SAN FRANCISCO — Glenda Flowers stood at the edge of a crowd of angry veterans at San Francisco's War Memorial building. They had been waiting months, even years, to hear whether they would receive disability benefits, and they were tired of excuses.
Flowers, a 31-year-old Iraq veteran and mother of two, had come to the meeting with a pair of Veterans Affairs officials because she wanted to be heard. But she was trying too hard to fight back tears to take the microphone.
The social worker who accompanied her couldn't let her be overlooked.
"Nobody brought up here that a lot of these young vets have children," said Marcy Orosco, who heads a Salvation Army transitional housing program in San Francisco. "Because of this wait, she was living in her car with her children.… What are you going to do about that?"
Flowers, a small, compact woman eager for adventure, thought the Army would be her life. But when her marriage to a fellow soldier and her mental health collapsed under the strain of their tours to Iraq, she found herself alone with her children facing the prospect of another deployment.
She left the Army in January 2010 and submitted a benefits claim the same month, citing post-traumatic stress disorder and injuries from years of parachute jumps, among other ailments.
She didn't know it at the time, but her application would become a case study in the kinds of issues that can delay a claim.
Another Iraq veteran, Ari Sonnenberg, said the agonizing wait and bureaucratic bungling added to an already painful transition to civilian life. He wonders how many people will want to serve in the future.
"I never used to understand why the Vietnam guys were so bitter," he said. "We're very quick to send people to war, but we're super slow taking care of those people that actually make that sacrifice."
Willie Clark, the western-area director for the VA's Veterans Benefits Administration, made a promise that April day in San Francisco:
"We're going to start with our oldest cases, cases in excess of two years, we're going to complete every one of them and we're going to do so within the next 60 days.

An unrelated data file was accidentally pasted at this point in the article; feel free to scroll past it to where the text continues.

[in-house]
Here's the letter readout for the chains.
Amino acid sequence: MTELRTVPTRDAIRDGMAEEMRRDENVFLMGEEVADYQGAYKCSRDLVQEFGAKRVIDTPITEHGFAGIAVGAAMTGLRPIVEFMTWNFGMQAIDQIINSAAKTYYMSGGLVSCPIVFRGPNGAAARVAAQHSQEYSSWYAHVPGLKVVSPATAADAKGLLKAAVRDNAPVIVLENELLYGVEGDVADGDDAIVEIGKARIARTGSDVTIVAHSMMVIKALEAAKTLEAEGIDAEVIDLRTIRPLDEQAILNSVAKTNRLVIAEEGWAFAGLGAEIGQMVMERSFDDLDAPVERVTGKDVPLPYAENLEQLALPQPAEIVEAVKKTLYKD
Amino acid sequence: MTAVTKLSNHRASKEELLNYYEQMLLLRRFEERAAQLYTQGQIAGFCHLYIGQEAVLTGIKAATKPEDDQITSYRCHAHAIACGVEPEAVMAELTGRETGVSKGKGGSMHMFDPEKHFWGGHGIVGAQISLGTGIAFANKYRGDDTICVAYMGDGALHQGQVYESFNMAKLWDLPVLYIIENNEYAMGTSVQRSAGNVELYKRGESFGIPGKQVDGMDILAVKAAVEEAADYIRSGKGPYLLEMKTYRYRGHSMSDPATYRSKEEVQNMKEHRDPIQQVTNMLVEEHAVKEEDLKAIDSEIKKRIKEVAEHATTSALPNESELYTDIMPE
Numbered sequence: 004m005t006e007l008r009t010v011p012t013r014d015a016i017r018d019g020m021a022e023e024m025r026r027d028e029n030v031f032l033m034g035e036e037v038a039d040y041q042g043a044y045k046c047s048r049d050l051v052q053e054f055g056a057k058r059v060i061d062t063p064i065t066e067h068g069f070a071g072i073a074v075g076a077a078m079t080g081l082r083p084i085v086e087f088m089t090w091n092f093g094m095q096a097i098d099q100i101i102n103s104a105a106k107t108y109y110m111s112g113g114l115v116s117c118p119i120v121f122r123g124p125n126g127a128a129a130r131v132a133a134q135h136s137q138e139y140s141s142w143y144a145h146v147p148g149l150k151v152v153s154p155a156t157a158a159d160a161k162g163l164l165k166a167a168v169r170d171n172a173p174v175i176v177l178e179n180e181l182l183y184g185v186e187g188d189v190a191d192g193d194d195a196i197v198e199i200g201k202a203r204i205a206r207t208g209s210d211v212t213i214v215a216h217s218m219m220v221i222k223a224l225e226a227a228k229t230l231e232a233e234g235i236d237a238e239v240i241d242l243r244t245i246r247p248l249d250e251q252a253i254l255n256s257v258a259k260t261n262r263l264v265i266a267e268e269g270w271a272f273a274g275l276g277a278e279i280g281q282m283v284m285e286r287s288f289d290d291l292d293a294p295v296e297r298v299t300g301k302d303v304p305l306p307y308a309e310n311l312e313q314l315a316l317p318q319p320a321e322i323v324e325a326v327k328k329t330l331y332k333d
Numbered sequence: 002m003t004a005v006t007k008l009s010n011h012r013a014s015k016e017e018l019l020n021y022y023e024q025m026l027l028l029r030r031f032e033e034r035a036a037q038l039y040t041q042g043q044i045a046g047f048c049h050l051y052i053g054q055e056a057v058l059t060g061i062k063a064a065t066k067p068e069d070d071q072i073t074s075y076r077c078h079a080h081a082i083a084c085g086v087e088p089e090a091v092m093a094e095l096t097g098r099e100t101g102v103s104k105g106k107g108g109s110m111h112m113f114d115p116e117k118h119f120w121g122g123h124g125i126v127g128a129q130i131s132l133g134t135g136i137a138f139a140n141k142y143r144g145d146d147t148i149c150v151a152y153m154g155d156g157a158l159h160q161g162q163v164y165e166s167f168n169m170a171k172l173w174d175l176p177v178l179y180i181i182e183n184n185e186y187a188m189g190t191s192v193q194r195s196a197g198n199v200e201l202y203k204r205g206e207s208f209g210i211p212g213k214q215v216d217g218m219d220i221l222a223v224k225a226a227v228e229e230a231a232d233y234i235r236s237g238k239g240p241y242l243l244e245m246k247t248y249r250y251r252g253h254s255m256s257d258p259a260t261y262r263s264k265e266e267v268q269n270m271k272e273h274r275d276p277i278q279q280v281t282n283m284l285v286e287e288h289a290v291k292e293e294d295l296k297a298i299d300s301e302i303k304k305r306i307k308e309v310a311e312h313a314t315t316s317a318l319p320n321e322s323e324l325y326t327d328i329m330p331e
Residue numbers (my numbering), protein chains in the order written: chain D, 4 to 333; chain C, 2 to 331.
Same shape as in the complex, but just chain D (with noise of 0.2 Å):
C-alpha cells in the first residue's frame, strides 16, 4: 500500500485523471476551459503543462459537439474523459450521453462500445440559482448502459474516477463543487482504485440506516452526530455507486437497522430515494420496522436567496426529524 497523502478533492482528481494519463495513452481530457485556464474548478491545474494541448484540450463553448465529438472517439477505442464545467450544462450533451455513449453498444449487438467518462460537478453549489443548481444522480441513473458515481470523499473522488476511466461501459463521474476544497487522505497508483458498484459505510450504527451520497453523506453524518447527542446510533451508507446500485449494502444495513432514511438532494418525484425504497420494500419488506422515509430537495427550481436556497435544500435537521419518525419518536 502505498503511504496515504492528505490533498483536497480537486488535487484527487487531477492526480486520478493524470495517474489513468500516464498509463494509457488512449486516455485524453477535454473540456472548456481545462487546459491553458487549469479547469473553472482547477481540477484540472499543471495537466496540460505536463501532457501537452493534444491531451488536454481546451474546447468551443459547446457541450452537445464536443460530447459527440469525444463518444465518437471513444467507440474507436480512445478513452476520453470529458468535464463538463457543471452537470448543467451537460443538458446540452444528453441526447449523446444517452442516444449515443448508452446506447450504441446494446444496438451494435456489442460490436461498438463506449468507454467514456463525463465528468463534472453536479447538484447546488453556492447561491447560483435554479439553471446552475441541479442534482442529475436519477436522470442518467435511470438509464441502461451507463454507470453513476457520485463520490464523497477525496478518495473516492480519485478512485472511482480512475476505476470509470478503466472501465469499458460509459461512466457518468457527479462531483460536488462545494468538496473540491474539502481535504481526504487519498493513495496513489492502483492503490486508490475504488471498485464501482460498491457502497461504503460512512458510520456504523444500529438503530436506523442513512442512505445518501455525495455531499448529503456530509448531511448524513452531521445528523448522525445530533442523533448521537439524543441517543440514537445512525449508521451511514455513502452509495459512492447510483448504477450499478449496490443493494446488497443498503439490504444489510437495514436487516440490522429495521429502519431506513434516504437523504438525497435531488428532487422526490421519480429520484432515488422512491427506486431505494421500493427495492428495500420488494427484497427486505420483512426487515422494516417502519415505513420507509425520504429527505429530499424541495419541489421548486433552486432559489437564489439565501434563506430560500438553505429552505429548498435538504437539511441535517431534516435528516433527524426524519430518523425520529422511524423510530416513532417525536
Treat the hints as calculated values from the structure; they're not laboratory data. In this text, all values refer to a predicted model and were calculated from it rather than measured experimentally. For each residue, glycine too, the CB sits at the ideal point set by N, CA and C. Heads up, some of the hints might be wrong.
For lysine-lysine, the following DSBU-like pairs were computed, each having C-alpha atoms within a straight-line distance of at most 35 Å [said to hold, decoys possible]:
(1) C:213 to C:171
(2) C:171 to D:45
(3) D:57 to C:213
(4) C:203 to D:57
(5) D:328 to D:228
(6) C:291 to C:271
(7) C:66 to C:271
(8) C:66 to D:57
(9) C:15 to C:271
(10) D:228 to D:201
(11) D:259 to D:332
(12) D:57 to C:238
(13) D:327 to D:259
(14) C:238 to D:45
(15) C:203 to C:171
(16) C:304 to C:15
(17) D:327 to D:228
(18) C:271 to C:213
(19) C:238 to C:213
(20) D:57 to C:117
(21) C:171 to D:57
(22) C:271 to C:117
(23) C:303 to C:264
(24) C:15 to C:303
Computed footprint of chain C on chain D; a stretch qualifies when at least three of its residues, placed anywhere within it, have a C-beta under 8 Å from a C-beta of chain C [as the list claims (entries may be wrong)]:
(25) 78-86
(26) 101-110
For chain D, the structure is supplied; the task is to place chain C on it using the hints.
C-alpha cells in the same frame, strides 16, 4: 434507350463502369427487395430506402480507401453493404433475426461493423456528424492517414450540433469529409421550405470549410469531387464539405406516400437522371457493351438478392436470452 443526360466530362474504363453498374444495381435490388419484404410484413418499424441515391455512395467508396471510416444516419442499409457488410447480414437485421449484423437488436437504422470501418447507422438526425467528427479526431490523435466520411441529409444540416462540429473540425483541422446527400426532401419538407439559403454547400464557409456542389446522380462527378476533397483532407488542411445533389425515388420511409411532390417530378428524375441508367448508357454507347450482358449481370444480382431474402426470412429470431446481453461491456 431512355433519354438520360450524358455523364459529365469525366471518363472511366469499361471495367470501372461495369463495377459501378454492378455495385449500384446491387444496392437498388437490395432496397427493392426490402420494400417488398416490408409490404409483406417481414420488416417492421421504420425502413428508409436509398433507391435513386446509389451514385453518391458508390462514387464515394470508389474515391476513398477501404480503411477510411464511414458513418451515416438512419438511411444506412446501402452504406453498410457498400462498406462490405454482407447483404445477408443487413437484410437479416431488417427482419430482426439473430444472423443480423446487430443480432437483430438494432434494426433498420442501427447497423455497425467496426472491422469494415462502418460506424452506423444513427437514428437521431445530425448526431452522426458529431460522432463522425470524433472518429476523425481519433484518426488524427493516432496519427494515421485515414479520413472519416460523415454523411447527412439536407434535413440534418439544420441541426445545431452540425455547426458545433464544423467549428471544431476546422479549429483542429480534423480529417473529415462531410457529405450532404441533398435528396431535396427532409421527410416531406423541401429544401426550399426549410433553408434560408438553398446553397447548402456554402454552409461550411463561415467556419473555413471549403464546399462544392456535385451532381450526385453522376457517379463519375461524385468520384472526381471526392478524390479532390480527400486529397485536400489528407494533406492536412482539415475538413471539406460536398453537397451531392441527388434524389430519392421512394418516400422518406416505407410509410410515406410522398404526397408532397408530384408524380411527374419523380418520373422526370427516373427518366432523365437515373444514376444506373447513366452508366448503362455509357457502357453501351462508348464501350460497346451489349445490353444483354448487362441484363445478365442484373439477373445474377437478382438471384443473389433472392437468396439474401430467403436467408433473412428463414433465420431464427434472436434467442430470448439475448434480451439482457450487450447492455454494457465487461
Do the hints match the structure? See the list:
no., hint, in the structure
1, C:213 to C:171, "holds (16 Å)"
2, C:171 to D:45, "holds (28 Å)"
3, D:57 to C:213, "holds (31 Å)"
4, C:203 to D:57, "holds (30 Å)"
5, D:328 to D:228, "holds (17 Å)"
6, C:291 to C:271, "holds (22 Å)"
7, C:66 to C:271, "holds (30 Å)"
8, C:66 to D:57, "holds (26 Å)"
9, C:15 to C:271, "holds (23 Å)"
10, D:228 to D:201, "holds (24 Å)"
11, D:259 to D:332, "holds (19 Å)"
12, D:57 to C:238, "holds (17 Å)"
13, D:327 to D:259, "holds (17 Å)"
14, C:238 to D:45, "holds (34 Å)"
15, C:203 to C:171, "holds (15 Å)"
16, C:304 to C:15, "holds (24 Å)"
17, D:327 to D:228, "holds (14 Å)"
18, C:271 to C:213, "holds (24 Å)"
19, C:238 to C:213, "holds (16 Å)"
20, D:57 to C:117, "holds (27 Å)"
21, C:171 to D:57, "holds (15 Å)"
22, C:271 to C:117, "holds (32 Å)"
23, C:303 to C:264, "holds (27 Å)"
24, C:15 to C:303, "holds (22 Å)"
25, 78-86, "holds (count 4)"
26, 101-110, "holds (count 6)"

"And once we fix those," he said, "we'll start with our 1-year-old cases.... We owe it to you to get this done."
In the months since the meeting, the VA has made progress, reducing the number of claims pending more than 125 days by 35%, from a peak of 611,000 in March.
A new computer system is helping to speed up claims processing, which until this year was still mostly handled on paper — about 5,000 tons of it a year, officials said. Additional staff has been hired, training has been revamped and the work flow has been reorganized.
The partial government shutdown in October was a temporary setback, forcing the department to suspend mandatory overtime for claims processors. When the department resumed full operations, officials said, they couldn't keep their promise to clear out all cases that had been pending more than a year by the end of the month.
But as of Nov. 4, 94% of these claims had been processed, according to VA figures. By 2015, officials are promising to process all claims within 125 days.
Although a growing number of veterans are now receiving aid, they say the damage done to their financial stability, family relationships and own self-worth is not so easily remedied.
Sonnenberg, a pale, wiry bundle of nerves who deployed three times to Iraq, didn't attend the San Francisco meeting. He took part in a similar forum last year and couldn't face another round. He sent some of his artwork to be displayed in his place.